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Nina A. Johnson

Assistant Professor of Sociology

Department of Sociology and Anthropology

Program in Black Studies


  2. Phone: (610) 690-5773
  3. Kohlberg 243
  4. Office Hours: Tuesdays noon- 2:00pm, by appointment


Ph.D,  Sociology, Northwestern University, 2012
M.A., Sociology, Northwestern University, 2007
M.A., Culture and Communications, Steinhardt School of Education, New York University, 1999
B.A., Urban Studies and African American Studies, University of Pennsylvania 1997

Selected Publications and Activities

2020. Johnson, Nina A. "Unnatural Disaster: A Review of Dispossessed". Forthcoming in American Journal of Sociology.
2019. Johnson, Nina A. “On Democratizing Knowledge Production: Collaborative Research in Community” in Sociology in Action, Sage.
2018. Johnson, Nina A. “For, By, and About: Notes on a Sociology of Black Liberation” in The New Black Sociologists, Routledge.
2015. Johnson, Nina A. “Review: Top Student, Top School: How Social Class Shapes Where Valedictorians Go to College”. Contemporary Sociology.
2014. Johnson, Nina A. “A Long Way from Home: Race, Mobility and Residential Choice.” Journal of Black Studies, 2014, Vol. 45(6) 545–572.
2020. Johnson, Nina A. Black Privilege: Status and Stigma in the Lives of Black Elites. Manuscript under contract with Temple University Press.

Teaching and Research Interests

Politics, Culture, Race, Class, Mobility, Inequality, Cities, Carceral Policy, Qualitative Methods

Courses and Seminars Taught

  • Introduction to Black Studies (BS 15)
  • Blacks in the Diaspora (BS 93)
  • Foundations: Self, Culture, and Society (SOCI 001)
  • Introduction to Race and Ethnicity (SOCI 007B)
  • Black Social and Political Thought SOCI 048G/ BLST 040G)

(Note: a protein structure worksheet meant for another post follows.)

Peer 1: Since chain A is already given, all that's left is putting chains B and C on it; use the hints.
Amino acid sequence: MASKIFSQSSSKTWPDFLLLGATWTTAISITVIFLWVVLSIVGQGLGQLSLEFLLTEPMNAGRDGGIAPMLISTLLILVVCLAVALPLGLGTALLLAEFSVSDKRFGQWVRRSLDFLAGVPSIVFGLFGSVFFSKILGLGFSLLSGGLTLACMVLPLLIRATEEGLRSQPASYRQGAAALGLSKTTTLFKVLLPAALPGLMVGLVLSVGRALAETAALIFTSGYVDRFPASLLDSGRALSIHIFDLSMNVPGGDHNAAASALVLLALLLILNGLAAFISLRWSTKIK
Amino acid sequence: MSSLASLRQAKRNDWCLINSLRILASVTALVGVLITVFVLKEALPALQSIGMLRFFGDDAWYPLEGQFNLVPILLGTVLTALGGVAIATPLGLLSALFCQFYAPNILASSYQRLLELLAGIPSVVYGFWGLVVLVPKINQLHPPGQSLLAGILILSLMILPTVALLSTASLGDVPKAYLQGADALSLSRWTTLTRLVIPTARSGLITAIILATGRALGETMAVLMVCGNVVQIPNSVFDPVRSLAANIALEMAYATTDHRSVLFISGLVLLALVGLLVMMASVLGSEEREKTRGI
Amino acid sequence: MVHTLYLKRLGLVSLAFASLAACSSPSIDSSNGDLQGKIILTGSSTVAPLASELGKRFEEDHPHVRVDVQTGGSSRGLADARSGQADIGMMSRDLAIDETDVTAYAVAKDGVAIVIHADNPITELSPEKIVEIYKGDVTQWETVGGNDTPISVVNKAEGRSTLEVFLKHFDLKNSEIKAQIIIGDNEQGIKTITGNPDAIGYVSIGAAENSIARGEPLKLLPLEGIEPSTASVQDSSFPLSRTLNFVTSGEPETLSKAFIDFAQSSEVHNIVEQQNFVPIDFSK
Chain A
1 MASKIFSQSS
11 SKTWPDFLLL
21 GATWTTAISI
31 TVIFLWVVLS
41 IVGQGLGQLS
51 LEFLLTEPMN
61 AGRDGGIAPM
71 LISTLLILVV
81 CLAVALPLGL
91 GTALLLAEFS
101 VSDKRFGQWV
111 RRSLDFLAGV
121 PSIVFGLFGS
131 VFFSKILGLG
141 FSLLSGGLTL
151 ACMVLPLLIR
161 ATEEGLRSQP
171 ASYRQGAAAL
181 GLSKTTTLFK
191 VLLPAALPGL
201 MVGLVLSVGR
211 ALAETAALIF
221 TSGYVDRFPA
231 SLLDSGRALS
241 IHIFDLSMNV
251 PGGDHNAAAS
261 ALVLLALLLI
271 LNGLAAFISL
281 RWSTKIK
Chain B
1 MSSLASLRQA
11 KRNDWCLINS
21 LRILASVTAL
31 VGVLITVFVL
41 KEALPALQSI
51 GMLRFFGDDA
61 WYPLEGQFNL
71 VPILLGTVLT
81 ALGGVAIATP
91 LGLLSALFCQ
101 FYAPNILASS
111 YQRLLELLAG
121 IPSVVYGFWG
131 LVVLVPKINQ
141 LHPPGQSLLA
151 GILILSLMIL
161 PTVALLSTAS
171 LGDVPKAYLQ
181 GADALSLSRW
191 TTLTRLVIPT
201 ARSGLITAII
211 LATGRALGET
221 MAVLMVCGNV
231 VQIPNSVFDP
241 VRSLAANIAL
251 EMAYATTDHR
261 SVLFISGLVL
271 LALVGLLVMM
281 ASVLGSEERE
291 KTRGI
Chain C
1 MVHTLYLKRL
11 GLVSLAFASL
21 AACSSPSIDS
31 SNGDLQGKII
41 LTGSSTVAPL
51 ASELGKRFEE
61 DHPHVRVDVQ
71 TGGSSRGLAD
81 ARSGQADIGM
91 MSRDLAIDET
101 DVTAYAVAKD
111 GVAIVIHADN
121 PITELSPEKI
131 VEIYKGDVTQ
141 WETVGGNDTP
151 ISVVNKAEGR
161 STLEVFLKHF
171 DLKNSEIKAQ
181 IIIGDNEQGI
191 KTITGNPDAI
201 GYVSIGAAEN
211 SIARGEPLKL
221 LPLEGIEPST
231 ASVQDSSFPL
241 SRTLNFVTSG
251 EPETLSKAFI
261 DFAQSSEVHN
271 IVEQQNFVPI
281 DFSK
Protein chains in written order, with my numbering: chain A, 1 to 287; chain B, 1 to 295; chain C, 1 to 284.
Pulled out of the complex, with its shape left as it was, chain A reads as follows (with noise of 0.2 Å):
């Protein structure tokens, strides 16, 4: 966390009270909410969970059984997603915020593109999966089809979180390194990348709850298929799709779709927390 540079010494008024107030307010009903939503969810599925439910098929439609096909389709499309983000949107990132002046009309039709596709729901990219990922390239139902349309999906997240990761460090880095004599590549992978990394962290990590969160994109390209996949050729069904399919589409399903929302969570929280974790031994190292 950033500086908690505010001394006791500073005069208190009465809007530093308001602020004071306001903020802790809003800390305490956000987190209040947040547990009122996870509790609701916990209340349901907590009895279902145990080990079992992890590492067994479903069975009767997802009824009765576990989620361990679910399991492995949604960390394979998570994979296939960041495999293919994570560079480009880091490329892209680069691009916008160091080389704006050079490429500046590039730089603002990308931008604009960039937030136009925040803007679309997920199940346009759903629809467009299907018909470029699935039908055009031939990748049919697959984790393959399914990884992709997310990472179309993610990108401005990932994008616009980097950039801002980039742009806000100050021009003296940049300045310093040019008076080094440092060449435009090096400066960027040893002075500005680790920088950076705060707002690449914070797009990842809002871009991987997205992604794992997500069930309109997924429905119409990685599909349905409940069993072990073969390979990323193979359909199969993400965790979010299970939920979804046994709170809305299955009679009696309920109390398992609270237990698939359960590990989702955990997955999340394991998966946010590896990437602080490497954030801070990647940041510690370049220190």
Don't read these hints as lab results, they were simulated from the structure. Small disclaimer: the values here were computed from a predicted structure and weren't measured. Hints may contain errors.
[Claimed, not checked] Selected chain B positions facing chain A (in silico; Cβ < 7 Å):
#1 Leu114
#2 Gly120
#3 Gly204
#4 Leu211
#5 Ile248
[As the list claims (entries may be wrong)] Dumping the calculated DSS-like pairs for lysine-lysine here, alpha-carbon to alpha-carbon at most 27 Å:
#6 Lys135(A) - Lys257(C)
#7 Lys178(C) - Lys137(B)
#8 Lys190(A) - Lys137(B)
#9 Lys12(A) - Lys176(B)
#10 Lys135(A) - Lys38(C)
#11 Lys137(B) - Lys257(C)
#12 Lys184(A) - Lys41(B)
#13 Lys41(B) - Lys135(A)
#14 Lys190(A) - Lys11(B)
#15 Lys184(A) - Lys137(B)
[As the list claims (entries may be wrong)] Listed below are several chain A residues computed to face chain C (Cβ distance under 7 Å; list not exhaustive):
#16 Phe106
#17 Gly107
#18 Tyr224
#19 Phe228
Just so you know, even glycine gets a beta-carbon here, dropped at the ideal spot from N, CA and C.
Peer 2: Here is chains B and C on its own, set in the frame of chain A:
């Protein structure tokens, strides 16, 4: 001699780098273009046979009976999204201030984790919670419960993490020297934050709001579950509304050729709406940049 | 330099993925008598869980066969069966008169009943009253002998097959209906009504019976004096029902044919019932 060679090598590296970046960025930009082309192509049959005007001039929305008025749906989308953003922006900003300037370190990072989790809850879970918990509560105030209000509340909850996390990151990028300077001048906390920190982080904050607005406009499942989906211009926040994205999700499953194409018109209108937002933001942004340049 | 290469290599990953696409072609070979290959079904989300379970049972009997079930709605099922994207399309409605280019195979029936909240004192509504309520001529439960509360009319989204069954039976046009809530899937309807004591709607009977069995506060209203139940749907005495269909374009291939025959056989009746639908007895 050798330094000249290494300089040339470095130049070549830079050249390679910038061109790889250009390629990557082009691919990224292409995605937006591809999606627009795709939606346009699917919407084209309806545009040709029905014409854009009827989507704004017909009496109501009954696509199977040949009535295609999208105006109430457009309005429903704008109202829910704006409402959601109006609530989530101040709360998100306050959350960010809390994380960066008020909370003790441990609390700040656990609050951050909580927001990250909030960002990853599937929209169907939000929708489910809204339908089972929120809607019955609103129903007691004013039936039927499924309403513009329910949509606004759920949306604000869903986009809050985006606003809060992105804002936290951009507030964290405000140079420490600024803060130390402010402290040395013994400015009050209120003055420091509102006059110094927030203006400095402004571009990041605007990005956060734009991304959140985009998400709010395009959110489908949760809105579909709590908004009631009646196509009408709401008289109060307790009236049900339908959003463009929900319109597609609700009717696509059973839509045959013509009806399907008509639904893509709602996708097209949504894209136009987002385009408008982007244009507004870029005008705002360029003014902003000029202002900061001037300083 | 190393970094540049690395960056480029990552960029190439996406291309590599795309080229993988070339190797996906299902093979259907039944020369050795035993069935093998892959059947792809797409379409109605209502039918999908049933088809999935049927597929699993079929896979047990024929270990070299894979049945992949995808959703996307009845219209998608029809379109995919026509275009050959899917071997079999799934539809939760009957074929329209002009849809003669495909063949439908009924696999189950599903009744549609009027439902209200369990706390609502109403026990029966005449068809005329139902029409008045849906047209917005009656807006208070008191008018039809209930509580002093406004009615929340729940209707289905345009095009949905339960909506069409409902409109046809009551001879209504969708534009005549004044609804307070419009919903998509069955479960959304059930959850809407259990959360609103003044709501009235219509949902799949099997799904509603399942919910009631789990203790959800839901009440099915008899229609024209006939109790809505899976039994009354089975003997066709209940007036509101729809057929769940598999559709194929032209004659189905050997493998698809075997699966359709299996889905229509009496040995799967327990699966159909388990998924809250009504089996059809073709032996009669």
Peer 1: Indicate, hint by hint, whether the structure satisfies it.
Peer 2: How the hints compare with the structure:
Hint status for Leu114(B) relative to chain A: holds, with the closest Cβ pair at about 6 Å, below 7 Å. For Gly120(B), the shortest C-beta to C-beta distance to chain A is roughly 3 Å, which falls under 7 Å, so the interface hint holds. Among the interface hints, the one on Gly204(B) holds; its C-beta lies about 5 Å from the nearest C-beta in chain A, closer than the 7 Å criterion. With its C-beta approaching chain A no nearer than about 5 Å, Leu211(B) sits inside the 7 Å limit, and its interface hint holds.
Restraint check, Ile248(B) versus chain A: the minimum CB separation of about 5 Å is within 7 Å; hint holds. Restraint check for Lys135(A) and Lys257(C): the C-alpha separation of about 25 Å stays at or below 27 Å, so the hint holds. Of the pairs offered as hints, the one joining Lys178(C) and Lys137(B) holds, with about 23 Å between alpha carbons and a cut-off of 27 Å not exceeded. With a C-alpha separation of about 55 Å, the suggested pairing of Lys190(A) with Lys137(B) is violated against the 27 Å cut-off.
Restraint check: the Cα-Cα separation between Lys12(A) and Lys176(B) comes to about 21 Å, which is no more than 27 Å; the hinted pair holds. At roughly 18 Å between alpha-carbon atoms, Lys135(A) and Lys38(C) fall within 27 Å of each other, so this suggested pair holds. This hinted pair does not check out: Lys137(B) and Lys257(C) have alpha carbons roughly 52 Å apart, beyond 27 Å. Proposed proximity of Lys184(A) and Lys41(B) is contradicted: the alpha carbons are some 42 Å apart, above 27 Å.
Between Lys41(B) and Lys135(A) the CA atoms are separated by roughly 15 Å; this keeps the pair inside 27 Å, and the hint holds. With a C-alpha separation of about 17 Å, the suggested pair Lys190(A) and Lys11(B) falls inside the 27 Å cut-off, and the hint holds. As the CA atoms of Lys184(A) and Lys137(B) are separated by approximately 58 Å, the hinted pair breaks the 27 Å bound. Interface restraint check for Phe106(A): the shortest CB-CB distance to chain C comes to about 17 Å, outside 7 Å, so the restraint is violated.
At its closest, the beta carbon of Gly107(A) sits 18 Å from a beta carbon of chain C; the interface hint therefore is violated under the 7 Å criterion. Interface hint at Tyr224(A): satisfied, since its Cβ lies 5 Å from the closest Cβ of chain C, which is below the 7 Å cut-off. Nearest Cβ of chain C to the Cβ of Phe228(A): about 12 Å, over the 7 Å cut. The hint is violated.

• Introduction to Ethnic Studies (SOAN 003SR)
  • Race and Place: A Philadelphia Story (SOCI 48I)
  • Political Sociology: The Mafia and the State (SOCI 48K)
  • Urban Crime and Punishment (SOCI 48L)
  • Advanced Topics in Political Sociology: Power, Governance, and the State (SOCI 148)
  • Du Bois and the Twenty First Century Color Line (SOCI 138)


Nina Johnson is an Assistant Professor in the Department of Sociology and Anthropology and the Program in Black Studies at Swarthmore College. Consistent with her previous study in Urban Studies, African-American Studies, and Culture and Communication, her research interests lie in the areas of inequality, politics, race, space, class, culture, stratification and mobility. She has recently published papers on political issues relative to black experiences of upward mobility and ruminations on a sociology of Black Liberation and contributed to a documentary (Turning A Corner, Beyondmedia Productions) on the legal, economic, and social barriers to exiting prostitution. She has presented papers on the representations of race, class and place in mid century black novels, including the work of James Baldwin, Richard Wright, and Zora Neale Hurston and a community video project on the impact of Islam on black religious, social and political life in Philadelphia and the Delaware Valley. Her book project revisits Du Bois’ and Frazier's classic works and considers issues of identity and meaning making processes among the black elite, its relationship to the larger black population, and its role in any projects of collective racial advancement. Her current research is a multi-method study of the impacts of mass incarceration at the neighborhood level, which is complemented by her teaching in Urban Sociology, Race and Public Policy in State Correctional Institutions in Pennsylvania. She is a member of both the Graterford Think Tank and the Chester Think Tank, two communities of scholars who work together to raise the level of public awareness of issues related to the criminal legal system and provide opportunities for engagement across the physical and social barriers that prisons create. 

She wholeheartedly endorses every word of James Baldwin, but finds the following particularly prescient in shaping and informing her work, “The time has come, God knows, for us to examine ourselves, but we can only do this if we are willing to free ourselves of the myth of America and try to find out what is really happening here.”